I've been an Evernote Premium user since 2009. I used it for reference material (in GTD parlance): journal entries; class notes; scanned PDFs and documents (at that point, the OCR capabilities were a Premium feature and the main reason I upgraded). Back in 2009, I also had a netbook running Windows in addition to my MacBook Pro; Evernote's omnipresence across software platforms was a huge selling point. As a college student, my work life was nomadic. If I wanted the check my email in between classes and hadn't brought my heavy laptop, then I'd use a public computer. Evernote's webapp was a helpful way to have my reference material always on-hand. Over the years, I've made almost 10,000 notes.
In mid-2016, I set up Evernote to be my task manager as well. I'd been using Omnifocus for years. It's robust and reliable and deservedly one of the gold standards in task management. But Omnifocus is also designed for GTD. I would filled out contexts for my tasks but I never used contexts. It always made more sense to me to work on projects with my end goal in mind. I switched to Evernote, then, because I knew the app was so flexible that I'd be able to set up a task management system more reflective of how I naturally worked. Also, Evernote's crossplatform capabilities were again a boon: I was pursuing jobs where I'd have to use a PC rather than a Mac. I'd be all set up on any new computer just with a quick install of Evernote.
But, almost a year later, I'm reverting back to using Evernote just for reference material. The main reason is that Evernote's iOS app is bafflingly unusable. It freezes when I'm editing notes and when I'm switching notebooks. The app lags whenever it syncs: I get the best performance when I switch into Airplane mode. I've complained to their support team countless times over the past few months; they once asked me to take a video of the issue for them. Right now, I'm getting an "Unable to sync" error whenever I try to synce the mobile app. One of my notes apparently has "invalid content"—I'll need to delete the note in order to fix the issue. It's a simple fix, but I need to be at my computer in order to do it. In the meantime, the error message pops up repeatedly—every few seconds—while I'm using the app and makes the app unusuable. I find myself using workarounds to get content into Evernote: it's faster to write an email and send to my "email to Evernote" address than it is to open the app and write a note. Evernote for OS X seems solid, but Evernote's iOS team is horrible.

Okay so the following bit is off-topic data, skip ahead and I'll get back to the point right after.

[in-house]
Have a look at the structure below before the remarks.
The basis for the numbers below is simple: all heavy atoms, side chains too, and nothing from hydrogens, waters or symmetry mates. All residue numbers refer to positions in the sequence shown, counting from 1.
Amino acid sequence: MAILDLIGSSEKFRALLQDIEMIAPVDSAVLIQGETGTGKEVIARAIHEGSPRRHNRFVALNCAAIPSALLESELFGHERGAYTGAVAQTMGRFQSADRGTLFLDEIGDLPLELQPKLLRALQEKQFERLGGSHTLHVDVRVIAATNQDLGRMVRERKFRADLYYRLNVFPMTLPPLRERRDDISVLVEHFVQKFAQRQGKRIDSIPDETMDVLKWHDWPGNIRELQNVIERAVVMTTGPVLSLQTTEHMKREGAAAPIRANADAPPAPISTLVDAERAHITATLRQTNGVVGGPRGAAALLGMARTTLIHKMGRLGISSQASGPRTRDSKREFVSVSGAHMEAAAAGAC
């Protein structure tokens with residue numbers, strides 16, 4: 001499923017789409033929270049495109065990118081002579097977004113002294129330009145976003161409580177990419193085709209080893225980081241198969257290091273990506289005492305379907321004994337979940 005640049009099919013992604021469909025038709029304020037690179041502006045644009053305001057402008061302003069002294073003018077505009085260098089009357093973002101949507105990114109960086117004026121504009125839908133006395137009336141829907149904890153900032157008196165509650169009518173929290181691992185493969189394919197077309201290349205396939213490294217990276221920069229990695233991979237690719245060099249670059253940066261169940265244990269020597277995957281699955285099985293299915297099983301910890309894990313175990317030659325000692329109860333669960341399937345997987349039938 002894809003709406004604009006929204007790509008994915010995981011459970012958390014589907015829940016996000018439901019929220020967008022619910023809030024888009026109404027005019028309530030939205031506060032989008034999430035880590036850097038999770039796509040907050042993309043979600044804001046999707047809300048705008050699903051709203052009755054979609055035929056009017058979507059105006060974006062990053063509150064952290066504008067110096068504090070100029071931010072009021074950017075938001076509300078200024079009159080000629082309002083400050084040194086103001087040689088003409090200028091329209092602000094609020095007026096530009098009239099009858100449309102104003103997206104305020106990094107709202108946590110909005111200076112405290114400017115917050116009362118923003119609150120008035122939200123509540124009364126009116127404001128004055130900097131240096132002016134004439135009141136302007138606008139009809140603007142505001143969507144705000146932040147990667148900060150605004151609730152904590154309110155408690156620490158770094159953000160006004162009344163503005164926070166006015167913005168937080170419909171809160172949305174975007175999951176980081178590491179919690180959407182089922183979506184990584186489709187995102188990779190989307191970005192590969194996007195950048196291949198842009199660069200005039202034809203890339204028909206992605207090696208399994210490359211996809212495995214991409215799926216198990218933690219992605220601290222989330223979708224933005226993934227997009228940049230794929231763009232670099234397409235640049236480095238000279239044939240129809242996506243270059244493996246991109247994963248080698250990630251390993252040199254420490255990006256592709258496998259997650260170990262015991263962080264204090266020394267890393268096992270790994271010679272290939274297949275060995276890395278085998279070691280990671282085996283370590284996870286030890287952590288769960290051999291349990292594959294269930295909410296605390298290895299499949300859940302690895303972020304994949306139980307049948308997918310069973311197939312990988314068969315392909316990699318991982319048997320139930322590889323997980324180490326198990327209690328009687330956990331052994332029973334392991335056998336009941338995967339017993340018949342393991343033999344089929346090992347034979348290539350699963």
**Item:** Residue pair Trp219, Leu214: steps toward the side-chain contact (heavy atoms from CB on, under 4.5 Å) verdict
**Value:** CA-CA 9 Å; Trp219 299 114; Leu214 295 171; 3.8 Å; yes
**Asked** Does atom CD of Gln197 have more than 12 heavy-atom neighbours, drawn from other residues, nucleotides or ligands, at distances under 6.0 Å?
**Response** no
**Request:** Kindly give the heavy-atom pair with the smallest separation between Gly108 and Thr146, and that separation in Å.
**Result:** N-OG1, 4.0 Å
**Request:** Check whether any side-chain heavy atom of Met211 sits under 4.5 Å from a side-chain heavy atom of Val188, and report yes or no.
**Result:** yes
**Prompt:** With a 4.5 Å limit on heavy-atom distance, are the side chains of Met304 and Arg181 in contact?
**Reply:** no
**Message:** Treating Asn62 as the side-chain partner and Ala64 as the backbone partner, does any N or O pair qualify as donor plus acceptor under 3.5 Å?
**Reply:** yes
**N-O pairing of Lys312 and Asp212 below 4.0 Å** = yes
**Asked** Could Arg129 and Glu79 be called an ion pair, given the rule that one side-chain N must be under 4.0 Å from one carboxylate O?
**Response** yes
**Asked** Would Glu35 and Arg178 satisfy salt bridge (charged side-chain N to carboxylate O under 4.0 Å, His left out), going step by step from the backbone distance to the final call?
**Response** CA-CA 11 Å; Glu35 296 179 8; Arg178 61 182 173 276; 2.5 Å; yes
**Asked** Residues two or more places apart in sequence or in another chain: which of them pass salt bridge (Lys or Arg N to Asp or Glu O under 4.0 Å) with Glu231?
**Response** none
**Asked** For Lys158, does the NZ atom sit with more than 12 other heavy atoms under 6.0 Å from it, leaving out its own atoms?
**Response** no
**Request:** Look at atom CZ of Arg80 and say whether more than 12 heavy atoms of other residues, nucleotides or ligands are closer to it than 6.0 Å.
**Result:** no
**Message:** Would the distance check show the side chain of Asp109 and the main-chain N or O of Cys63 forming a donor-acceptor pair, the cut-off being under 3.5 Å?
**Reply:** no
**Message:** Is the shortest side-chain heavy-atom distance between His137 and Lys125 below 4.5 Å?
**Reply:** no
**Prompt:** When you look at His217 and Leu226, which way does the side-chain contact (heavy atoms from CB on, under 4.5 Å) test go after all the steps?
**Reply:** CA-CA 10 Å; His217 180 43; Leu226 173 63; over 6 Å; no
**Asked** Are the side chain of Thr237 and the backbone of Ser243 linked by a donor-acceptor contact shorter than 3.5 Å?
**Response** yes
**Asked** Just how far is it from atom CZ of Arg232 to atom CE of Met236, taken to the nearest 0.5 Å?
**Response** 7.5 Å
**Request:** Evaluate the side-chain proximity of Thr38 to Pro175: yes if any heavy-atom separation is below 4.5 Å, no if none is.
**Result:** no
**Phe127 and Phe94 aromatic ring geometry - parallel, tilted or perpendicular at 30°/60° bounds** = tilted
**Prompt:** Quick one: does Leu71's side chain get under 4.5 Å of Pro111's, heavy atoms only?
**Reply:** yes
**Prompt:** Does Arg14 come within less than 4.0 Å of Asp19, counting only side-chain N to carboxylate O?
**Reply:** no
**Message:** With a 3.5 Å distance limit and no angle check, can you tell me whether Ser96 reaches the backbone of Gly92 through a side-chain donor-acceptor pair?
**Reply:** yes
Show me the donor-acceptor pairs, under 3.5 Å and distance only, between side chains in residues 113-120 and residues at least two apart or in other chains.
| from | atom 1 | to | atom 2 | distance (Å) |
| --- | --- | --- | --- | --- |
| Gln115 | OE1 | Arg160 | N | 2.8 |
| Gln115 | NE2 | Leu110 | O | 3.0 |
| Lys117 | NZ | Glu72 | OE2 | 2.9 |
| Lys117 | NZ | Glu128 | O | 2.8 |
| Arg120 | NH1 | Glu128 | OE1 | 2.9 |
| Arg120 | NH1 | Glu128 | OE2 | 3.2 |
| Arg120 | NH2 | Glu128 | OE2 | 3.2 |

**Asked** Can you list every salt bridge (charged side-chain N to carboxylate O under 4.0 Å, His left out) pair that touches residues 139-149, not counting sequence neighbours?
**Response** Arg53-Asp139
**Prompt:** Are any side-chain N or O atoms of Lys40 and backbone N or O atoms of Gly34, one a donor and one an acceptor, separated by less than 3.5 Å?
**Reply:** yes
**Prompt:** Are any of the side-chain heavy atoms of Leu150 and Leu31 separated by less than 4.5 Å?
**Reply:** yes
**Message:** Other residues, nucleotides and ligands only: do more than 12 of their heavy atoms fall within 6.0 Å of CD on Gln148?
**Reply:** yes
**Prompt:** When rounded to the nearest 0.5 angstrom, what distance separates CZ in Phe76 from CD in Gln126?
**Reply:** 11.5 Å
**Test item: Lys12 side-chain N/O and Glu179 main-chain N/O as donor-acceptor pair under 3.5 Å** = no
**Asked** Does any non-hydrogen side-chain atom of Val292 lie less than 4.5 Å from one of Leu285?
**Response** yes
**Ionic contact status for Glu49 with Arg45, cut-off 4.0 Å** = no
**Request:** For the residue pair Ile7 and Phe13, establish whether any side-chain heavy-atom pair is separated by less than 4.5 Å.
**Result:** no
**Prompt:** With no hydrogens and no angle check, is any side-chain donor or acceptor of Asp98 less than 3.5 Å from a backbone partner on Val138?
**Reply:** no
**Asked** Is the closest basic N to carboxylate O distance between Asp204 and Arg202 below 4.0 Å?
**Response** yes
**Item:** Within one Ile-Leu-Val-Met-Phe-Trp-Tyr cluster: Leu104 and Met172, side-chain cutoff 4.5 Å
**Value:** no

A simple and cheap way to fix the performance issues would just be to have the app sync less frequently. If I'm using Evernote on iOS, then I can't be using Evernote somewhere—I can't be in two places at once. Why does the app sync every few seconds? The app could simply sync whenever I open or close it—and preferably have left it closed for a long enough period that it's clear I'm not just switching apps before returning to Evernote to finish editing a note. Best of all, changing the sync schedule requires almost no engineering time—it's not a redesign. I'm surprised their product management team hasn't suggested this solution, and I'm surprised their iOS QA team hasn't caught or surfaced these issues. They're clearly not testing with enough edge cases, such as the large databases their longtime users would be likely to have.
So I'm switching back to a dedicated task manager. So far, Things 3 is looking really good. I'll continue to use Evernote for reference material. I have so much content stored in it already that I can't switch without investing tons of time. I'm locked in.
Others have expressed similar sentiments:
- Evernote, the Bug-Ridden Elephant by Jason Kincaid (This article is from 2014, but it received some publicity, especially when then-CEO Phil Libin responded. The article's still a top hit if you search for "evernote bugs" and it's criticisms remain true. Especially disappointing is that Kincaid's complaints the iOS still remain problems, despite Evernote's major 8.0 release in 2017. The Evernote iOS app just consistently sucks.)
- Evernote's Redesign is Too Little, Too Late by Casey Newton on The Verge (2017)